Monday, March 3, 2014

Eight Helpful Comebacks for the "Why Are You Still Single?" Question

If you're an unmarried Christian person past your twenties, you are going to be asked why you're still single.

You are going to be asked this a lot.

That's because everyone knows that Christians are supposed to line up two-by-two like animals on the ark, and woe betide anyone caught without a partner. The wrongness of the single state is so obvious that I don't need to convince you. It's fundamental. So fundamental, in fact, that your single state entitles new acquaintances to ask you deeply personal questions right off the bat. Which is only fair, because there's obviously something inherently wrong with you. 

You then face the challenge of answering a complicated question in a thirty-second sound bite. To be honest, that's hard to do without seeming flippant. 

Every once in a while, I'd like to trot out some of these responses just for fun.


Eight Helpful Comebacks for the "Why Are You Still Single?" Question:
  1. "Because nobody ever asked me, okay!? Are you happy now?! Is that what you wanted to hear?!" Then run away crying. This descent into melodrama does seem a bit unfair, but such a response could possibly break the cycle of people asking this question as if there's a pat response. 
  2. "I'm still single?!" Furrow your brow, tilt your head to the side, and blink a lot. Seem genuinely shocked. Then wander away, muttering. 
  3. "I. Don't. Know." Stare at the questioner with huge pop eyes. Do not break eye contact until the other person speaks.
  4. “Oh, I don't know... Why are you still married?” Lol. 
  5. "That's a good question." This is what I said in the classroom when students asked me questions that I didn't know how to answer. I would then change the subject, and I suggest that you do the same.
  6. "What do you think?" Turning the question around is another helpful teaching tactic, but I suggest that you only ask this one if you are very brave or have a bullet-proof self-esteem.
  7. “The love of my life dumped me when I was nineteen and broke my heart and I have never recovered from the pain... but thanks for asking.” Look off into the middle distance. Allow your eyes to well with tears. Allow the silence stretch forever.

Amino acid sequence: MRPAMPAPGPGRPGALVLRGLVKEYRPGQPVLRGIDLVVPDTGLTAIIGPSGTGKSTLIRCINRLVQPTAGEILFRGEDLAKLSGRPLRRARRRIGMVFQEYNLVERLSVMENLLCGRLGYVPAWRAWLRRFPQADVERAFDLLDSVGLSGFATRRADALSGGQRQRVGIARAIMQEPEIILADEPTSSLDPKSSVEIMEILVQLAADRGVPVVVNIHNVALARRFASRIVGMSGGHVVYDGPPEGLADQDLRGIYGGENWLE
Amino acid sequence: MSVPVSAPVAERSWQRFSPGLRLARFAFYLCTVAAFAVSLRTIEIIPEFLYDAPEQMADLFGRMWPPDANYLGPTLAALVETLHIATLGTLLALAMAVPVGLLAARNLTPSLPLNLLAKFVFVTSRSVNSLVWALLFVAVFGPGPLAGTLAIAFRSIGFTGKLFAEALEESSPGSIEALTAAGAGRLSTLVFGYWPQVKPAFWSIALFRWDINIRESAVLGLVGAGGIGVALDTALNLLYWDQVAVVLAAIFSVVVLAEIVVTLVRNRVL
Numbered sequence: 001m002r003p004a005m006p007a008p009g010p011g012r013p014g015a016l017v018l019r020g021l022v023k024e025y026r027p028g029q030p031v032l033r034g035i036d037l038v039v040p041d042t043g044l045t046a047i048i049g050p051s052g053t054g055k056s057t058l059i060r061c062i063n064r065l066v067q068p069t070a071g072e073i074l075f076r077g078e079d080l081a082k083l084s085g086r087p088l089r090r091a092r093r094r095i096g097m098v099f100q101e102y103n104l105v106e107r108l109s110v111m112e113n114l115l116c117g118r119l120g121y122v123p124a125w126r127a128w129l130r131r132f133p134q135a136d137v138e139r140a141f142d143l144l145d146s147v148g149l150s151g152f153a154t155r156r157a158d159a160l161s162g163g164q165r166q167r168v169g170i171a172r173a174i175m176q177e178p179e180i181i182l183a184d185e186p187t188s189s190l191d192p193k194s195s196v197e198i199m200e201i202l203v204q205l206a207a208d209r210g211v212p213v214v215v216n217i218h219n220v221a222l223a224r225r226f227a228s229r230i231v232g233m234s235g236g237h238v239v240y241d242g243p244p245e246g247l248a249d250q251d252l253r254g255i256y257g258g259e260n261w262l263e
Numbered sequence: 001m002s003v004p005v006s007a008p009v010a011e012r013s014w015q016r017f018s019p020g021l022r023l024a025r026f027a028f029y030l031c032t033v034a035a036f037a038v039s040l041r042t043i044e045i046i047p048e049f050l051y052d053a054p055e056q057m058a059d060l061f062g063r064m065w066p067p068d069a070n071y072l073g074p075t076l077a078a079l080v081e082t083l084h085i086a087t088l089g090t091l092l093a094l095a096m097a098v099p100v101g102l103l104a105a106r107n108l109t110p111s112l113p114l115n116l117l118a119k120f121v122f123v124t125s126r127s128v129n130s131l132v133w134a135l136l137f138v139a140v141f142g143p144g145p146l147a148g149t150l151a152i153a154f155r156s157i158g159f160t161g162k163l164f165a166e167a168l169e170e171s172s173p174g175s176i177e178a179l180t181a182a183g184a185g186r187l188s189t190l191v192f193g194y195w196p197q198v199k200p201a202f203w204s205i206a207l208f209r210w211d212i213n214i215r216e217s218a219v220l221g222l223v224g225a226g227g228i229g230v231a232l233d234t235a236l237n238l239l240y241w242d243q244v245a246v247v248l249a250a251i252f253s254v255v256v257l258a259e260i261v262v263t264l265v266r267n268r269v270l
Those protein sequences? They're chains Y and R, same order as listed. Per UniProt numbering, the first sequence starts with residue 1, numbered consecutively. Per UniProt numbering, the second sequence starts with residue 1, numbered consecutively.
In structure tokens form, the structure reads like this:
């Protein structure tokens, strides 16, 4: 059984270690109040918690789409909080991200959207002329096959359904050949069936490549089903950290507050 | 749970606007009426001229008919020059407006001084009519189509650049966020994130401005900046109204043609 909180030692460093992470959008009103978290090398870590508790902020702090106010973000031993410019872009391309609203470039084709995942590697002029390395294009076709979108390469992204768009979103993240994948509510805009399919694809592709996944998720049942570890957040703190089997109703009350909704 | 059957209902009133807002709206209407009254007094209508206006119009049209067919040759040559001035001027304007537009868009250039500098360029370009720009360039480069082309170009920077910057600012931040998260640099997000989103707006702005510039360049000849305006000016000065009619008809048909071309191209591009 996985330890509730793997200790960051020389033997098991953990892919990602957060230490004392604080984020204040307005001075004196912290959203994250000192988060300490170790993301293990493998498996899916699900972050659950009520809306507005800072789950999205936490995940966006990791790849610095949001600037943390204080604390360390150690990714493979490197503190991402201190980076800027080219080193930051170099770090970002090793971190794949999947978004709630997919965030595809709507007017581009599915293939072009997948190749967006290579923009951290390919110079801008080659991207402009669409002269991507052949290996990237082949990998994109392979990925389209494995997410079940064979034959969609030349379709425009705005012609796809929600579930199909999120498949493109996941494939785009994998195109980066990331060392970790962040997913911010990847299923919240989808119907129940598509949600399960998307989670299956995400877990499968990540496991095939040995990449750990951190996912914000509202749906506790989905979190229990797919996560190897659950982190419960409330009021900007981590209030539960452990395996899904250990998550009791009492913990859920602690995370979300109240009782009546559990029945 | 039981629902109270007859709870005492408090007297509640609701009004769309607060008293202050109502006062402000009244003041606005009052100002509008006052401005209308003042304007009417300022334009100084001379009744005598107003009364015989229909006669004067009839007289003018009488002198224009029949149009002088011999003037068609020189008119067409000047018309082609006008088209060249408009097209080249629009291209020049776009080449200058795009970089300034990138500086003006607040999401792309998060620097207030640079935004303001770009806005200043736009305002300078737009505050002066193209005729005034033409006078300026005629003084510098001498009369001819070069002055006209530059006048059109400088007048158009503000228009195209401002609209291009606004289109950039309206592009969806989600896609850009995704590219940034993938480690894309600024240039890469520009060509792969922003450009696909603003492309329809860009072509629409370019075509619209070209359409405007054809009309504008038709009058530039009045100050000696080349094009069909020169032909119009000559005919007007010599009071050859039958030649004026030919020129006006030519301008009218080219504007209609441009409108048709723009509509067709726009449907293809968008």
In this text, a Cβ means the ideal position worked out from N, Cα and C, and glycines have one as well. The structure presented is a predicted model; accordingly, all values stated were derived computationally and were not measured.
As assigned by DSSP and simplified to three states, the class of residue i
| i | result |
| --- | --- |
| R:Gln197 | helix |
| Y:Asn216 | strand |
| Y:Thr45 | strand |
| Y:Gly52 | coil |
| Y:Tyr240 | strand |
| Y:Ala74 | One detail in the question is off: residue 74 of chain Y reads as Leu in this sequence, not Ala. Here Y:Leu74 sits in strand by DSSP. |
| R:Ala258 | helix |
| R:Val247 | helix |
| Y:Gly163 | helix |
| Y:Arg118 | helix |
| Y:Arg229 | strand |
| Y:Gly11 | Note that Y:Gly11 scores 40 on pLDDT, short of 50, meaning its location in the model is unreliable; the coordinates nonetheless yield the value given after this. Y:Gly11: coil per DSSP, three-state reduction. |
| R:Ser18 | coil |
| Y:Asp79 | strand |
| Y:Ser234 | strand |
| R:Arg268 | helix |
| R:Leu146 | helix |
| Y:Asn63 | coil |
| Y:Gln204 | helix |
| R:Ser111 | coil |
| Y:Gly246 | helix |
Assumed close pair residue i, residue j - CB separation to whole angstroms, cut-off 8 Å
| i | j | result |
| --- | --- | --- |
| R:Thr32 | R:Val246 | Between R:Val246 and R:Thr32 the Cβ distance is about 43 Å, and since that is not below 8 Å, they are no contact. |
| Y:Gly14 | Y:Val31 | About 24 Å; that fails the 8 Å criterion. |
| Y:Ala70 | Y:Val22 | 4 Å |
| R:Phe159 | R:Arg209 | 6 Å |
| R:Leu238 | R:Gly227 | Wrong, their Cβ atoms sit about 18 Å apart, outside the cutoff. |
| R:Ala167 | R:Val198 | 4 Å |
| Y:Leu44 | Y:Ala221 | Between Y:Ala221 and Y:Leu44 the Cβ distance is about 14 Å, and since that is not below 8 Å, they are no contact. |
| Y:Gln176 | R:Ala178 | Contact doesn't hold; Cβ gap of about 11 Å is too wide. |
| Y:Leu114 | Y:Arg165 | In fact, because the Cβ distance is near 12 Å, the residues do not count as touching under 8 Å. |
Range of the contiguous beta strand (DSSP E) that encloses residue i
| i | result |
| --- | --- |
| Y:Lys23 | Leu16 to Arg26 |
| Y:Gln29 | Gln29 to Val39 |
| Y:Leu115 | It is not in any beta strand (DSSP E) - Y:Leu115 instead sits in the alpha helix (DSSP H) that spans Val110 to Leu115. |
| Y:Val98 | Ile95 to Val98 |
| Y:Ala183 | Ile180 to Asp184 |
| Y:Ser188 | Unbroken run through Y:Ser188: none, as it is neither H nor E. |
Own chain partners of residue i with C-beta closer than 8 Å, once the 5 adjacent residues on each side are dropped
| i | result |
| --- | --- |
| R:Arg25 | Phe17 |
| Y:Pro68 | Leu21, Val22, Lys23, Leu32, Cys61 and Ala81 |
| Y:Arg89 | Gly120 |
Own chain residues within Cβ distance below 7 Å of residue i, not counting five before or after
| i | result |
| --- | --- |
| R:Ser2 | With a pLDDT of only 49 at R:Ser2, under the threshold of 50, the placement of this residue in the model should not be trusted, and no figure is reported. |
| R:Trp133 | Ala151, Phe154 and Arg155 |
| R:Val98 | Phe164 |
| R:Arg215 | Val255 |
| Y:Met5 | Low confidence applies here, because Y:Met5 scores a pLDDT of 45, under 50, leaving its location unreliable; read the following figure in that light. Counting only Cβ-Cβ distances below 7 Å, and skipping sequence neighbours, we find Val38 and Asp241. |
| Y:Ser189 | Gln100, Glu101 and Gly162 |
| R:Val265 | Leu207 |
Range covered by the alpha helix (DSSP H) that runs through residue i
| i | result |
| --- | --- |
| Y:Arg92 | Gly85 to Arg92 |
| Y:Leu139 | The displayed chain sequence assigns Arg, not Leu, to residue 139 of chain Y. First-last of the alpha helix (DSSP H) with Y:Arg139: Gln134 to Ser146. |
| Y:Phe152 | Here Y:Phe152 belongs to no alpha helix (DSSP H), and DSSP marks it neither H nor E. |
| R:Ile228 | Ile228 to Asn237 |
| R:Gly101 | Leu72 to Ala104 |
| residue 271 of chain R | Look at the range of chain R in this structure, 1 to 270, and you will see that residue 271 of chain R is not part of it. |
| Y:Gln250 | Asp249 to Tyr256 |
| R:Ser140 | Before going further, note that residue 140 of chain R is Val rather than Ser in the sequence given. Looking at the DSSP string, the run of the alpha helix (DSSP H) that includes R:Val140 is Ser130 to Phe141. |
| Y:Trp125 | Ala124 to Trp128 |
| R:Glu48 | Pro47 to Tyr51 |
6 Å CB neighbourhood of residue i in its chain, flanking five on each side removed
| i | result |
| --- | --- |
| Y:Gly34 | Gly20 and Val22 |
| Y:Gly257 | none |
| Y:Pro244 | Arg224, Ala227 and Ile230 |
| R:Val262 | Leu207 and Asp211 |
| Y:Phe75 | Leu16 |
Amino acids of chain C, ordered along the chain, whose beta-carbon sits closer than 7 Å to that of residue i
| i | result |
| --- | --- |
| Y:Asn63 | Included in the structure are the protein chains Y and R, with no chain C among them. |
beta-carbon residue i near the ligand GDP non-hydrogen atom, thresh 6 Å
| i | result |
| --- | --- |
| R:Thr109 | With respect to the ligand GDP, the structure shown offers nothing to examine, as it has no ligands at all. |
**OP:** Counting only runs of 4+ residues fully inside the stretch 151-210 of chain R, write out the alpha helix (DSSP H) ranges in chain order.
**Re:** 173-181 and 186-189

8. "I have a deep, well-hidden flaw that you have overlooked but that is obvious to anybody who gets close to me." This is a pleasing response because it will confirm their secret suspicions. 

The truth is that I actually don't mind when people ask me why I'm still single. I know that as a general rule, people ask because they genuinely care or are legitimately curious. 

I just don't know how to answer them. 

What I usually wind up doing is deflecting the question by launching into some quirky stories about the times I've been hit on by strangers and it's been creepy, awkward, outlandish, or some delightful combination of the three. These stories serve as subtle reminders that I'm not single because I'm undesirable or or because I've never had any options. I'm single because of the choices I've made with the options I've been given. 

This isn't my pride speaking (at least, I don't think it is) but a genuine desire to help people see singleness as a viable way to live a happy, fulfilling life that glorifies God. Perhaps if more Christians lived singleness to advantage, it would be seen as more than "pre-marriage" or as the consequence of questionable choices or the default setting of losers. 

Why am I still single?

Because I just am.

And that's okay. 



5 comments:

  1. Eons ago, I always interpreted that question as, "What is secretly wrong with you?" Evidently, there had to be some hidden defect if someone nice, intelligent, attractive, or passingly normal wasn't married once her teen years had passed her by. Actually, the nicer, more intelligent, and more attractive a person is, the smaller the eligible pool becomes. Perhaps you should add another response to your repertoire: I haven't found anyone worthy. Singleness is far superior to settling.

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    1. I got asked by a woman once and replied with a very it-should-be-obvious toned: "Because there aren't any women worth marrying." I wish I could have taken a photo of her reaction!

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    2. Yes, there's an element of truth in that, Joanne!

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  2. I've prepared similar answers for when people inevitably ask about my extra-tall baby, "Isn't he too old to still be [nursing/co-sleeping/rear-facing carseat/fill in the blank]?"

    I will smile widely and reply, "Aren't you too old to be asking such personal questions?" And then walk away.

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    1. Yeah, my married and parenting friends have told me some of the ridiculous questions that people ask them as well. I guess no matter what you're state, you're not exempt from thoughtless questions. :)

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